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The Hike Society by Columbia, an outdoor movement created to unite the next generation of hikers and outdoorspeople, is providing mental first aid training for hiking communities across the UK. Over 20 community leaders from young, diverse outdoor organisations are receiving training as a means to join the dots between the power of community, nature and mental health. It’s believed the training, which comes amid a mental health crisis in the UK, will benefit thousands of hikers and outdoorspeople.
Recent research from Mind, the mental health charity, revealed almost 20 million adults never speak about mental health despite one in four people experiencing a mental health problem of some kind each year. One in six adults report experiencing a common mental health problem such as anxiety or depression, in any given week.
The initiative launched in conjunction with The Hike Society’s Annual General Hike in over the weekend of 29th-30th April 2023. The event, a mass-participation ‘walk and talk’ hike, gathered and mobilised influential outdoor communities across the UK, with over 500 hikers from 20 different groups taking to the trails, fells and coastlines.
Committed to turning the tide on the mental health crisis, The Hike Society is on a mission to better connect people with nature in order to enjoy the mental health benefits that time outside can provide. Studies show that people who are more connected with nature and the outdoors are often happier in life and more likely to report feeling their lives are worthwhile.
Nature can help invoke many positive emotions and feelings such as calmness, joy, and creativity, and can facilitate concentration. This connectedness with nature is also associated with better levels of mental health, and in particular has been found to lessen common symptoms of depression and anxiety.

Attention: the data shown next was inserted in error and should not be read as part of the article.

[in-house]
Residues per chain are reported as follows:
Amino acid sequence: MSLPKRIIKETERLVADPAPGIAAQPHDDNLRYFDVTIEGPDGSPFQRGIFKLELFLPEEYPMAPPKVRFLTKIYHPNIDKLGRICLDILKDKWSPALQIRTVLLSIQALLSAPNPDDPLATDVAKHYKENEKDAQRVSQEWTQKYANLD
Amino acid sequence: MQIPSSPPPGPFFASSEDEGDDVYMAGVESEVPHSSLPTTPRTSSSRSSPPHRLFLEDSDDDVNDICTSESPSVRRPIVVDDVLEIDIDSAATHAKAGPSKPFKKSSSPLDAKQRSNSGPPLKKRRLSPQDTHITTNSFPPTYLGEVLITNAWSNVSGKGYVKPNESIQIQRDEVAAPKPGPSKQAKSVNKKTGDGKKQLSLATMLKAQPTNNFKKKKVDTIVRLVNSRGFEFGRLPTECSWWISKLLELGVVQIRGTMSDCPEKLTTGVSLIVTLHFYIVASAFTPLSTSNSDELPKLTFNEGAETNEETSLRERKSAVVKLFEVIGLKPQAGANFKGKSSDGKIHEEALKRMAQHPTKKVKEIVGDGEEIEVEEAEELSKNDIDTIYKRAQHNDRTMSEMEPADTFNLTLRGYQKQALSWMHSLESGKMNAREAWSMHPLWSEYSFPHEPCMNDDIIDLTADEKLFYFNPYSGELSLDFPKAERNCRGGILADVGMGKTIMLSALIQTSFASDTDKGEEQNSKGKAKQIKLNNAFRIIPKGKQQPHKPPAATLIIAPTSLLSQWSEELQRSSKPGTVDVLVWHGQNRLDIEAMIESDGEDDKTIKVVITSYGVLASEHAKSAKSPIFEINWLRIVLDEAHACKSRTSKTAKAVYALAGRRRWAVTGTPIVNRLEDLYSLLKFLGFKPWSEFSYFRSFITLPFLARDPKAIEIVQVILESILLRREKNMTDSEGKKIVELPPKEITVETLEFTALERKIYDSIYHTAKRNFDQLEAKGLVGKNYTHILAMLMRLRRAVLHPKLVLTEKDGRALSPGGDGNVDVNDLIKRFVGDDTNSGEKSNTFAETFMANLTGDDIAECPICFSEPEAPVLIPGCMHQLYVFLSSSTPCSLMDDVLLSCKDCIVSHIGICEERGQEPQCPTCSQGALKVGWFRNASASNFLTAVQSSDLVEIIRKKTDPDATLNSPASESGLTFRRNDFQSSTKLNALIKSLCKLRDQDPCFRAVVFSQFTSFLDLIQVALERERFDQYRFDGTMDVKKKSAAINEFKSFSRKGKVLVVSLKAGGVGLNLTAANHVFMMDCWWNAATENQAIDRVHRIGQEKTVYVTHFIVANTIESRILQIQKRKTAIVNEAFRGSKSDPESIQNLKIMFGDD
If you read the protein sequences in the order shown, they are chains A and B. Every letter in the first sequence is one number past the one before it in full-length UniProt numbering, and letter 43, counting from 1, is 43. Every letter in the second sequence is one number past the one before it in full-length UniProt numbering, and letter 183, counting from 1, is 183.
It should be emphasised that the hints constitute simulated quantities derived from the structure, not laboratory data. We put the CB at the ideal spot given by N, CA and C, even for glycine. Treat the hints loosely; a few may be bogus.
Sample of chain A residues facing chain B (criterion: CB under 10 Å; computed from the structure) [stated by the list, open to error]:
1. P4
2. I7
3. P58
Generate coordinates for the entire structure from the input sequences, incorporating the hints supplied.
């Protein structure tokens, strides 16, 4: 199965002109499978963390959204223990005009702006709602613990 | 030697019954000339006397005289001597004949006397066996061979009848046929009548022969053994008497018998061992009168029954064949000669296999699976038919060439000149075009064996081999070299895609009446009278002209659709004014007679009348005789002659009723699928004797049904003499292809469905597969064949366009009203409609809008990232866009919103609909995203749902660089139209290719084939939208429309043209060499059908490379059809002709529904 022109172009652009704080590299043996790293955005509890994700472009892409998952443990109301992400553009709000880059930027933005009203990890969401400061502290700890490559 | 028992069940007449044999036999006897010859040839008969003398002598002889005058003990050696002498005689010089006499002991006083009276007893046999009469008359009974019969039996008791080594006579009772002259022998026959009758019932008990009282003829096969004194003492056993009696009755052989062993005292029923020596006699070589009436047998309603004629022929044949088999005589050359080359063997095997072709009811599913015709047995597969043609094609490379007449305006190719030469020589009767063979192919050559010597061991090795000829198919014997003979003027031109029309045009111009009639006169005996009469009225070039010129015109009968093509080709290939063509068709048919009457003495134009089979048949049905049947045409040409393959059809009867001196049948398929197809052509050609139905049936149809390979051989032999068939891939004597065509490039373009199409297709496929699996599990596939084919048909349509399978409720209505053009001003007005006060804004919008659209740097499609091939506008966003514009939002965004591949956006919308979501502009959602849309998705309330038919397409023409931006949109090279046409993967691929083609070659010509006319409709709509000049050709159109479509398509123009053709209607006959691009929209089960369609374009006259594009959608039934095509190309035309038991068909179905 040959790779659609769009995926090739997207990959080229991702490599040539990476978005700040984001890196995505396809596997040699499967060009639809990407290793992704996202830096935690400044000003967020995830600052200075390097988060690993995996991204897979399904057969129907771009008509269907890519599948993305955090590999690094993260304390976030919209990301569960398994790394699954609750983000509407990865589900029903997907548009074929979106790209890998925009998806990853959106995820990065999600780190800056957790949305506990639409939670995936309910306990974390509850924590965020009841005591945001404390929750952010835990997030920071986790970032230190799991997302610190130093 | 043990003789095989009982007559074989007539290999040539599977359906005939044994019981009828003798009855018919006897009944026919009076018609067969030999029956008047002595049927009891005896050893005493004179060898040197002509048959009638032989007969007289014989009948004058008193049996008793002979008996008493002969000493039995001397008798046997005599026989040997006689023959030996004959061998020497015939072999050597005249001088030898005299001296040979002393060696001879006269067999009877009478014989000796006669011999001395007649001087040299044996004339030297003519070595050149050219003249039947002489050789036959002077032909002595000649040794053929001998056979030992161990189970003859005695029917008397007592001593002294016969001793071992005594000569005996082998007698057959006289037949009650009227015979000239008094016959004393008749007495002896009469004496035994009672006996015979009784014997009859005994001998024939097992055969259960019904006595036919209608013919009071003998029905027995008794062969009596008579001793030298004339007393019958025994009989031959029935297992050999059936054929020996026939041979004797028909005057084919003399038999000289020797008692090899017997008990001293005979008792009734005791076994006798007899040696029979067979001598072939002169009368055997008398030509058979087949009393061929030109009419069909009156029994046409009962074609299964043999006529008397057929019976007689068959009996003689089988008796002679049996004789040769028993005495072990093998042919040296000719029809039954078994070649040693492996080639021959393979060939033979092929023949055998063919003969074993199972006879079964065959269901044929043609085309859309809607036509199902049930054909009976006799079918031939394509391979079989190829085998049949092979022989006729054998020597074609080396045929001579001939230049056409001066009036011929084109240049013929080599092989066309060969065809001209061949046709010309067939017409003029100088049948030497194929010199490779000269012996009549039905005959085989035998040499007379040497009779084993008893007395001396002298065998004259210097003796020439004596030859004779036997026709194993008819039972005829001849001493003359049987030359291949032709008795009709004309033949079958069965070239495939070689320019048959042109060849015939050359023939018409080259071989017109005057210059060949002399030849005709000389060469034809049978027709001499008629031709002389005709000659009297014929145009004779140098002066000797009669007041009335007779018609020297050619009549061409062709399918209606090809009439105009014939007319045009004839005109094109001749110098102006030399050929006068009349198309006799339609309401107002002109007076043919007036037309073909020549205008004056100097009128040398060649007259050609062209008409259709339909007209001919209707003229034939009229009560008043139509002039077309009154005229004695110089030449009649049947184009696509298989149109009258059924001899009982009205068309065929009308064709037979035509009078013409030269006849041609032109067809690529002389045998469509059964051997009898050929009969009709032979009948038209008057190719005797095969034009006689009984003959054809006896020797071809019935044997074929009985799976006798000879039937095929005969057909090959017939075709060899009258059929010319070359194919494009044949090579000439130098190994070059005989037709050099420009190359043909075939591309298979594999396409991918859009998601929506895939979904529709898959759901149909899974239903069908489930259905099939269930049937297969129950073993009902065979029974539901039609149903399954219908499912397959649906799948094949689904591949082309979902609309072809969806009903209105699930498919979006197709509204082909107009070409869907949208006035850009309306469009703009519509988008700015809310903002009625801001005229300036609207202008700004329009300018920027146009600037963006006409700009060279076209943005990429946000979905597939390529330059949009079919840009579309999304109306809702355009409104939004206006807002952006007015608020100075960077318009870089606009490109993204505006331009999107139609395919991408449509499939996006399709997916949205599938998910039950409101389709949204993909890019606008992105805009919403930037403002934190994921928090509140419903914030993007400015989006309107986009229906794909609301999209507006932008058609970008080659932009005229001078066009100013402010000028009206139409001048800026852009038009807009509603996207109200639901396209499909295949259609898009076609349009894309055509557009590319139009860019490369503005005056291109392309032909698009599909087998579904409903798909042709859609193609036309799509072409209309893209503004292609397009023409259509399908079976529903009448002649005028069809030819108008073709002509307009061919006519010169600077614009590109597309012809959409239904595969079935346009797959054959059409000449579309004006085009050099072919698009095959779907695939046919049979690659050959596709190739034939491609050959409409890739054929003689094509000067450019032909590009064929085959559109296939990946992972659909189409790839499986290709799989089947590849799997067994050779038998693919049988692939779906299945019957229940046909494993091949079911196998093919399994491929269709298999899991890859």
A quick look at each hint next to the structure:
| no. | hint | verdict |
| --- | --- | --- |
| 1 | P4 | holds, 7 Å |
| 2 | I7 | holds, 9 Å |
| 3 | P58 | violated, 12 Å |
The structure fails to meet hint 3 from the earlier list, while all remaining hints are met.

I find when I’m rock climbing, running, hiking or cycling amongst nature, my head feels clear without any anxious thoughts
Liam Furneux, co-founder of the outdoor community Advanced Rock, members of which participated in the Annual General Hike, understands this from first-hand experience.
‘For the last 10 years I’ve had pretty heavy social and general anxiety – mostly in social situations or times when I feel like I can’t escape from a situation if I start feeling anxious’ he says. ‘The outdoors has helped so many times to process my thoughts and clear my head. I find when I’m rock climbing, running, hiking or cycling amongst nature, my head feels clear without any anxious thoughts.’
Eoin Treacy, marketing manager at Columbia said:
‘Through the power of community and the benefits of the natural environment, we’re aiming to facilitate important conversations around mental health. We hope that the mental health first aid training and the Annual General Hike walk and talk initiative will lead to many positive outcomes that these communities really benefit from.’
As part of the The Hike Society by Columbia’s ongoing mission to improve the mental health of hikers from all corners of the UK, there are several other ‘walk and talk’ events set to take place throughout the year. Tickets are free and you can find out more by visiting The Hike Society hub.
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